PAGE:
For a sentimental family occasion, my inlaws got me a very sweet present of some expensive jewelry-- after being told very clearly that I don't like expensive jewelry and don't really wear it. How terrible would it be (politically, ethically, relationally) if I were to return the item in question to the store?
posted by anonymous to human relations (60 answers total) 4 users marked this as a favorite
My spouse's parents are lovely people, and we get along well. They're also very generous about giving gifts-- not just for official occasions like birthdays, but when they arrive on visits and "just because." They can be somewhat... strong-minded in their generosity (at the latest visit, for instance, we begged them to please please not bring any more toys for our kid, because she has a billion and we have NO MORE ROOM, and just their presence was enough. They showed up with a princess-themed toy in hand [there have been a number of prior conversations about how we hate princess culture and try to shield our daughter from it] and were all, "I know you said no more toys, but we saw this and thought it was cute...").
My issue at present: we recently had a new baby. About a week afterwards, I had the following conversation with my husband (H):
H: So my parents called and wanted to know what kind of jewelry you like. They want to get you something as a "push present" for the baby.
B: Ack, really? I seriously don't like jewelry-- please don't let them get me any jewelry. I would just end up losing it. It's so totally sweet of them, but I really really don't need any kind of present.
H: I know, I told them you didn't like jewelry and didn't wear it.
B: Cool, then. Phew. Because seriously, that would be terrible. They're not going to do this, are they?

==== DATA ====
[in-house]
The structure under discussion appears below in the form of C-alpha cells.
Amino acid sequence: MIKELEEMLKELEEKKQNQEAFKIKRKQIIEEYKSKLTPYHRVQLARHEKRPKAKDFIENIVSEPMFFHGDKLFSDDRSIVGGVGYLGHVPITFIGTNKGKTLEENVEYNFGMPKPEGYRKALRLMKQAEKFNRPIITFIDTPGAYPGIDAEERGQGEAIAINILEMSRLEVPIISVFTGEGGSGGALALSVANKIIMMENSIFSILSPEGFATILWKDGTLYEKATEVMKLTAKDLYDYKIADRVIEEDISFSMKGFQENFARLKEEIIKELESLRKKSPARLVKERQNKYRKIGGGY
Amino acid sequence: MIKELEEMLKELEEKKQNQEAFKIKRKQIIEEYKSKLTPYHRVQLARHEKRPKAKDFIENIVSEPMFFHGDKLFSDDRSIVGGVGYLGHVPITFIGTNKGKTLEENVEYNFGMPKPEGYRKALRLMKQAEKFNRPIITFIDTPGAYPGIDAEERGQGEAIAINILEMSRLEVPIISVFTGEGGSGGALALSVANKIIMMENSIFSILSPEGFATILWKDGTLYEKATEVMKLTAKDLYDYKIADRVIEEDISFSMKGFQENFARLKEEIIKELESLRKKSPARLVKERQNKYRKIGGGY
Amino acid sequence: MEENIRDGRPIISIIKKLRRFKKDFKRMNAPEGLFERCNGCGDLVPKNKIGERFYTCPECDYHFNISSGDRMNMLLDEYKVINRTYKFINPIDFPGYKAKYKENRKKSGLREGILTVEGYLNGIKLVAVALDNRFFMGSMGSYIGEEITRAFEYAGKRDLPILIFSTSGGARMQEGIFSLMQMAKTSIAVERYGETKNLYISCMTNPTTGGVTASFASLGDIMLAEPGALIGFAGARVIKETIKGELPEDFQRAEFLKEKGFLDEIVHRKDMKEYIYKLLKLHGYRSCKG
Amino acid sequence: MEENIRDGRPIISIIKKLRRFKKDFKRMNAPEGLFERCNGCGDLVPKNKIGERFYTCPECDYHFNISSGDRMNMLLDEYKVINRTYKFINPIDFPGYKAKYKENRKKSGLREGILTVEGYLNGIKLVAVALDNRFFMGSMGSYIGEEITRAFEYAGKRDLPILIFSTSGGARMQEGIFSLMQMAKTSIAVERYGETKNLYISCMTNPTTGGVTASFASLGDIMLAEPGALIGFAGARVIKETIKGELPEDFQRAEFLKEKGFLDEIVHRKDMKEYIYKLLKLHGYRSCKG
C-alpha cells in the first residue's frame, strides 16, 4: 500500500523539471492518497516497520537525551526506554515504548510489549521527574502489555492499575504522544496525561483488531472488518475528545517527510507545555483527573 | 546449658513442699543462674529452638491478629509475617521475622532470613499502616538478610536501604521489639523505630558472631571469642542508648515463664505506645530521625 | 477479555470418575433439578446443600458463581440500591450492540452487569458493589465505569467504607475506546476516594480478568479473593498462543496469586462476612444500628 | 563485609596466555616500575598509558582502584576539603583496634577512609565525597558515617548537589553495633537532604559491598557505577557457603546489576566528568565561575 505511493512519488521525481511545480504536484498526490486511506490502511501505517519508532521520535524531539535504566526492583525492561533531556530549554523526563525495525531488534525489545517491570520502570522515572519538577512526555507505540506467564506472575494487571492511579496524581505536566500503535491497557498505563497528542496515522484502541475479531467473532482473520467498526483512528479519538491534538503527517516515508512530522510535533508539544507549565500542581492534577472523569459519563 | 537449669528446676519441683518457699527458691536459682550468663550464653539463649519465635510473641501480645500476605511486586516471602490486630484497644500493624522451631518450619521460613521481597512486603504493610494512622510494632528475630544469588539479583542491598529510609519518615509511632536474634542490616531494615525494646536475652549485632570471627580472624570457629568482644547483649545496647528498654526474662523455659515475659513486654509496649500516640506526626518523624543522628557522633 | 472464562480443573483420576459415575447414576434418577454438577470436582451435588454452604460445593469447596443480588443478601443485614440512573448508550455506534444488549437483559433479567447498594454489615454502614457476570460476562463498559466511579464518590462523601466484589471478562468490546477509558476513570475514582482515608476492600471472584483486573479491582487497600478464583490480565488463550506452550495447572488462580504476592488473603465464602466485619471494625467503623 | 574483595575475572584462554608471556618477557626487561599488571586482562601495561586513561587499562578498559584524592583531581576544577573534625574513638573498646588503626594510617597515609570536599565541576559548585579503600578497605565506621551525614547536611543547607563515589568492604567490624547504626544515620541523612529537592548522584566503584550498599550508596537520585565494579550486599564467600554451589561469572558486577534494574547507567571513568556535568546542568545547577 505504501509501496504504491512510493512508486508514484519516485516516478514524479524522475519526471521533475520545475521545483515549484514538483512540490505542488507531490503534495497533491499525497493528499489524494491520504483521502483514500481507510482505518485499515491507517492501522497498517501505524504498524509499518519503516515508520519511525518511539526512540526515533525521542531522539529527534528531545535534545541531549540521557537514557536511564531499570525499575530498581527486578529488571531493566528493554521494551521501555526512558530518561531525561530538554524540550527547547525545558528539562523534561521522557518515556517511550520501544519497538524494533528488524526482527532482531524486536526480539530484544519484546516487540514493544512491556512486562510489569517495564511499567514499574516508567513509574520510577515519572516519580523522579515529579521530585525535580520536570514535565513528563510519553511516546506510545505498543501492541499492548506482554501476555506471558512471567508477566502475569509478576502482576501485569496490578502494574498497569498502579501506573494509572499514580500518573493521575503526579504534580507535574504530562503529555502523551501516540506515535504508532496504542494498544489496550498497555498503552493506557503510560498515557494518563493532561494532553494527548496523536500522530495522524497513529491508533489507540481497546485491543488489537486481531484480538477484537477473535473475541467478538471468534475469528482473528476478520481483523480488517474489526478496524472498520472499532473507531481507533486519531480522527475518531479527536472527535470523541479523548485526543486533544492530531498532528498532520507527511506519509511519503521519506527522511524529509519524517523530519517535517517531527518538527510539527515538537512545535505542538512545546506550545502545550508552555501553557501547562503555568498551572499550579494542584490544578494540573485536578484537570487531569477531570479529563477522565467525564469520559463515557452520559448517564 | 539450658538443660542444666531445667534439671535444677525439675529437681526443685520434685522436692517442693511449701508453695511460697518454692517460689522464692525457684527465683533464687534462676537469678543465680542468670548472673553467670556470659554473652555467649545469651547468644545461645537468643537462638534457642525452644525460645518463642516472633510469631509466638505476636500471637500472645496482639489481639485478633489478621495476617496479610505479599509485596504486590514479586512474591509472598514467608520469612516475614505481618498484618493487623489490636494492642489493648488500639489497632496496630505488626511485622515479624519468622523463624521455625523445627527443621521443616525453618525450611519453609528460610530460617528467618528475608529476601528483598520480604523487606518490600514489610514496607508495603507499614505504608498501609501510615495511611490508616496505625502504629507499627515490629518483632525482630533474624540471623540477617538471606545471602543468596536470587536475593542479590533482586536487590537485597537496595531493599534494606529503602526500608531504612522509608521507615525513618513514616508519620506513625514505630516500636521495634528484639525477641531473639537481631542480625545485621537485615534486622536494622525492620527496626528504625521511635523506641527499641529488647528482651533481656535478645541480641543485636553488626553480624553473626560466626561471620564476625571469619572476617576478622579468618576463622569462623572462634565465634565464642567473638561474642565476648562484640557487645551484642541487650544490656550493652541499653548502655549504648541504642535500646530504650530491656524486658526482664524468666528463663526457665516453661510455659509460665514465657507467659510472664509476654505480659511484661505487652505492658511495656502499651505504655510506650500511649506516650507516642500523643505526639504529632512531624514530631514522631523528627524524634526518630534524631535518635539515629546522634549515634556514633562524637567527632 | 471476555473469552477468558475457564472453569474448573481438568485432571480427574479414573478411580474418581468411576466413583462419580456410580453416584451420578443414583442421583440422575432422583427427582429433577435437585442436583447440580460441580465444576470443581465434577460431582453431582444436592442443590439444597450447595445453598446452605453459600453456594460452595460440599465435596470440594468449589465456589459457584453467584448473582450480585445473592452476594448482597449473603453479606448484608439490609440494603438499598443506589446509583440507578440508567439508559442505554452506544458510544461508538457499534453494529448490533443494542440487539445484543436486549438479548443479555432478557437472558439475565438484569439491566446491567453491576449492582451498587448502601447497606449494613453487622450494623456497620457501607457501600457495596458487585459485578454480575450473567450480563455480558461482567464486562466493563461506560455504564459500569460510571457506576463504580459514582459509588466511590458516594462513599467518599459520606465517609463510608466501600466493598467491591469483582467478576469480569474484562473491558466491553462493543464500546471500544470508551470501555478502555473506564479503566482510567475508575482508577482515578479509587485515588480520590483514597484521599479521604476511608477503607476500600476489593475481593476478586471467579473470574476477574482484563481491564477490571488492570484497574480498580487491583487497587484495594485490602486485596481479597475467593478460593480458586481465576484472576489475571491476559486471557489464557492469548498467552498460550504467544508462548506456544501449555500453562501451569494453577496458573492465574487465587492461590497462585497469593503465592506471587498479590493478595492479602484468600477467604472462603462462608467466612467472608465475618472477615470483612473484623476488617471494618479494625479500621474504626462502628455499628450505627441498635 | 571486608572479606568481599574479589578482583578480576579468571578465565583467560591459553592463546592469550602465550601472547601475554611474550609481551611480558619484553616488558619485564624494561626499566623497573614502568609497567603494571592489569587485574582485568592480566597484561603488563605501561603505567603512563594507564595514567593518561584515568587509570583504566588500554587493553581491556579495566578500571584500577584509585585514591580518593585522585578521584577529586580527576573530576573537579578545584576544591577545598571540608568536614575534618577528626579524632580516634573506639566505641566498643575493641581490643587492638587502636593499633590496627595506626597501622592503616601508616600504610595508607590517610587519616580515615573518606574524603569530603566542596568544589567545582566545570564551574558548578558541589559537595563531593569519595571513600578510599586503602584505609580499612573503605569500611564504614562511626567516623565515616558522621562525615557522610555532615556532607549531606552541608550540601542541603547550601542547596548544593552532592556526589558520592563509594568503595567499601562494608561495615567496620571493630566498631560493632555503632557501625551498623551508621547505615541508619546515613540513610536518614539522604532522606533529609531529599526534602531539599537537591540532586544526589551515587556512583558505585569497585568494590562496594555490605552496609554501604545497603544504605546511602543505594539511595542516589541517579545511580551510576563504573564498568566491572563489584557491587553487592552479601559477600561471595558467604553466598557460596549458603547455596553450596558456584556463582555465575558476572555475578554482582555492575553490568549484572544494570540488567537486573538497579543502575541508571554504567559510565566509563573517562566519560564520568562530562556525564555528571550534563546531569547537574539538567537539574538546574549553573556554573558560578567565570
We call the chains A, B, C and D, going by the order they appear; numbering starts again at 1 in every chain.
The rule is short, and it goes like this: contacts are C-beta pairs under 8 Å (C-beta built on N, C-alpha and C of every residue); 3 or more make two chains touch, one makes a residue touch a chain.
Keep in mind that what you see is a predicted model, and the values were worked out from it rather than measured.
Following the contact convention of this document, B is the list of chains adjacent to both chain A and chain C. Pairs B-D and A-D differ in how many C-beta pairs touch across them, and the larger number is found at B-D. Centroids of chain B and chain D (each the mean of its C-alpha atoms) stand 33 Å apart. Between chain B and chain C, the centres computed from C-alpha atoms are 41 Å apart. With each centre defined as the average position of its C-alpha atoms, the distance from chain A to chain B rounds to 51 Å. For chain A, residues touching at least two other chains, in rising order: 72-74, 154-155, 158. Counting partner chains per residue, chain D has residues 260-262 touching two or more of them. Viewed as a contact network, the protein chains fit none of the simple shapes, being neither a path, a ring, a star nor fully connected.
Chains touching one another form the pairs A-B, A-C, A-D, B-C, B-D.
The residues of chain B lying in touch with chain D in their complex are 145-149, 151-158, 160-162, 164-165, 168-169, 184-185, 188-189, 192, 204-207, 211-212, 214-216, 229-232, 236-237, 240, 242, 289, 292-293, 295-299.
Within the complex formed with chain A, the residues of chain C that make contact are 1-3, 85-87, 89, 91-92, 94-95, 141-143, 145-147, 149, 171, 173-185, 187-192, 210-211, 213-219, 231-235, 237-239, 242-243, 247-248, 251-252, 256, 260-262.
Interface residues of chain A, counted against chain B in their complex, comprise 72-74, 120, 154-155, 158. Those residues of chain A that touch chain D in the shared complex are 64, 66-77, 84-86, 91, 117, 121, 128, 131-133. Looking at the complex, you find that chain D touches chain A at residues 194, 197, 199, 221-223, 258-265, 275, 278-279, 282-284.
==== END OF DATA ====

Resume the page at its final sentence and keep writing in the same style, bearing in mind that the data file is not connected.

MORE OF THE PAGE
H: No, I told them. Don't worry.
I thought at the time that the matter was sorted; but this week, lo and behold, the inlaws proudly presented me with a very expensive ($500!) piece of jewelry. They seemed very excited about the design and had a cute story about having gone to two different jewelry counters to find just the perfect thing, etc. Of course I thanked them effusively at the time, wore the piece conspicuously out the next day, and so forth; and I will be sending an enthusiastic and heartfelt thank-you note, because it really was a lovely gesture. On the other hand.. the piece, while pretty, is similar in profile to something else I have, plus not really my style, plus too effing expensive for my small-item-losing, scatterbrained self. Realistically, I will never wear this in everyday life.
Here's the rub: I have gift receipts for the jewelry, and when the inlaws were giving it they did make the obligatory "But of course, if you don't like it, you can take it back and get something else..." gesture. My question is, can I actually do this? It seems so tacky and ungrateful to return a sentimental, highly thought-out special-occasion gift and use the credit to buy towels or whatever. But.. I didn't want the jewelry, and they knew I didn't want the jewelry, because we told them. I already feel fairly uncomfortable that they spent so much money on me; the frustration of knowing that that money was effectively thrown away, particularly when there are a number of things that I would LOVE to have $500 for (heck, I'd be happiest just to have them take the $500 back, although I fear there's no way to make that happen), is seriously messing with my head. What should I do? (And more broadly, what is up with otherwise-delightful people like this? Is their vision of their gift really more important than anything they know about the actual preferences of the receiver?)
Any perspectives, suggestions or insights would be great. Thanks, MeFi!